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McKenzie Partners is a full-service marketing and advertising agency. Founded in 1999, we have the experience to know what really works for our clients. Our talented team has expertise in strategy, creative, digital and everything in between. We can make amazing things happen for your business, so reach out – we’d love to chat.

L1/11-17 Buckingham St. Surry Hills NSW 2010

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What does a motion designer do?


We caught up with Stewart Heaney, a Graphic & Motion Designer at McKenzie Partners. Stewart is incredibly skilled at bringing designs to life through motion design.

You know those fun animations you see on your Insta feed? Stew can do that – and more! We talked to him about this field, which blends elements of video production and graphic design.

Essentially, Motion Design is a discipline that applies Graphic Design principles to filmmaking and video production through the use of animation and visual effects. Examples include films, videos, animated text and web-based animations and apps. Motion design has evolved as a direct result of technological advancements. This is part of what we do at McKenzie Partners, but we also produce, edit and sound engineer the final products.


Can you walk us through a day at work?

There’s certainly no typical day at work for me, but it certainly starts with coffee! After that it could be working on a print design piece, video edit, motion design, storyboard, logo concepts, product photography – you name it. The demand for video-related content is especially high at the moment. Most of my days are filled with video-related work.


Motion design has evolved as a direct result of technological advancements. This is part of what we do at McKenzie Partners, but we also produce, edit and sound engineer the final products.


Is there a lot of variety in the jobs you do here?

The work is definitely varied and fast-paced here. That’s the beauty of working for a full-service agency! We can literally do 20 different jobs during a day’s work. I do a lot of work for our clients repurposing their existing assets into video. To give you an idea, our clients may have a lot of product photography or static imagery, but they want to create something with motion in it for social media or TV. We can take all those static elements, animate them and create something really special. This can be more engaging for potential customers. I’ve a recently done some web design concepts for a jewellery company, web banners for a nutritional supplement company and EDM designs for an automotive company – to name a few.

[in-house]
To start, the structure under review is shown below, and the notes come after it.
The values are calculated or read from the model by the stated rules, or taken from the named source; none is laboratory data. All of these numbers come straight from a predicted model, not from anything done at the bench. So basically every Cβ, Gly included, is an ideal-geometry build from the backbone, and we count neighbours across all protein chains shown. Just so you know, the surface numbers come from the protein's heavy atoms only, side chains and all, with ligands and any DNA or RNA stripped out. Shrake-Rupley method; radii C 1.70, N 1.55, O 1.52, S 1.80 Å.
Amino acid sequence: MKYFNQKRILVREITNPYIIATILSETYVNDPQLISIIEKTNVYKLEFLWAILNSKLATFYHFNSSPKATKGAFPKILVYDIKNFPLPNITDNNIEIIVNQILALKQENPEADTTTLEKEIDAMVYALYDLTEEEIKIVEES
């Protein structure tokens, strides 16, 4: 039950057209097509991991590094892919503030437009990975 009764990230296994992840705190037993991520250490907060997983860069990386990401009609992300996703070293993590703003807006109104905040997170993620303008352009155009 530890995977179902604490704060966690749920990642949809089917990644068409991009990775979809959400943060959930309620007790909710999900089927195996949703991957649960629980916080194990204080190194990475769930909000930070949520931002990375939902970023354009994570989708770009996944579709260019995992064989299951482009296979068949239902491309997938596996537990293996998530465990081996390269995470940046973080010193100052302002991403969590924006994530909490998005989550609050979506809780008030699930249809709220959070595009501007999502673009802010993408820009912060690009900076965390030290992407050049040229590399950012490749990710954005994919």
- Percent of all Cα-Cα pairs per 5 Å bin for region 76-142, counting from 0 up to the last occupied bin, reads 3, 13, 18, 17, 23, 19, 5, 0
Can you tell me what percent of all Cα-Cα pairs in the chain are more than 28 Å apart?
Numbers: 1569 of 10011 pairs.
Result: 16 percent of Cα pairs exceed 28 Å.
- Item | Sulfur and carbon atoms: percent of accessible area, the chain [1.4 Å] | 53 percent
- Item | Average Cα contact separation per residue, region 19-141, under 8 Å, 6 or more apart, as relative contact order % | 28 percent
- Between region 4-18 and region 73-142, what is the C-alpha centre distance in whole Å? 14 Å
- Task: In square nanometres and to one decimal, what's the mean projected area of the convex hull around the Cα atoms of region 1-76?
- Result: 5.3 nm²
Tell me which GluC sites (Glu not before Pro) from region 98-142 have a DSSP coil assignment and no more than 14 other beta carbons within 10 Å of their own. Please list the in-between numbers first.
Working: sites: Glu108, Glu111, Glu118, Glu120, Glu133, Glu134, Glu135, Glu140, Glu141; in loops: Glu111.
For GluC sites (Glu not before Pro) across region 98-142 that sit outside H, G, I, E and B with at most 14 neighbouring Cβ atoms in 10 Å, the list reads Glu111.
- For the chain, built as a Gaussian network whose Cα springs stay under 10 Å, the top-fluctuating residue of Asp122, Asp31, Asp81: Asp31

How did you become a motion designer in the first place?

I actually started my career as a communications specialist in government roles, writing press releases and the like. I then transitioned to graphic design, which I’ve worked in for about 10 years. This has given me a solid understanding of design principles, which I think helps for video editing and motion design. I’ve always had a keen interest in photography and video production, which has also helped me immensely.

I learnt how to design for video on the job really and got thrown in the deep end. However, this is the best way to learn. Video is such a huge medium with endless possibilities, so I’m always learning new things.

People often get confused about what they’re paying for when they get creative work done for them. They think it’s about being able to use software or pushing buttons. But, it’s the years of training and design know-how that they’re paying for. All of our collective experience goes into each and every piece of creative.



Do you have a favourite campaign or client that you’ve worked with?

I don’t really have a favourite. However, the most satisfying work that I do is when we exceed the client’s expectations. For example, if they have a limited budget and assets, which we then turn around quickly with great quality.


What’s the best and worst bit about your job?

I think the best part of my job is the variation. One day I could be working on a logo concept and the next I’m putting together a video for a car manufacturer. The worst part is there’s never enough time. There’s always something you think of after you’ve finished and think, “That would’ve been perfect for that job!”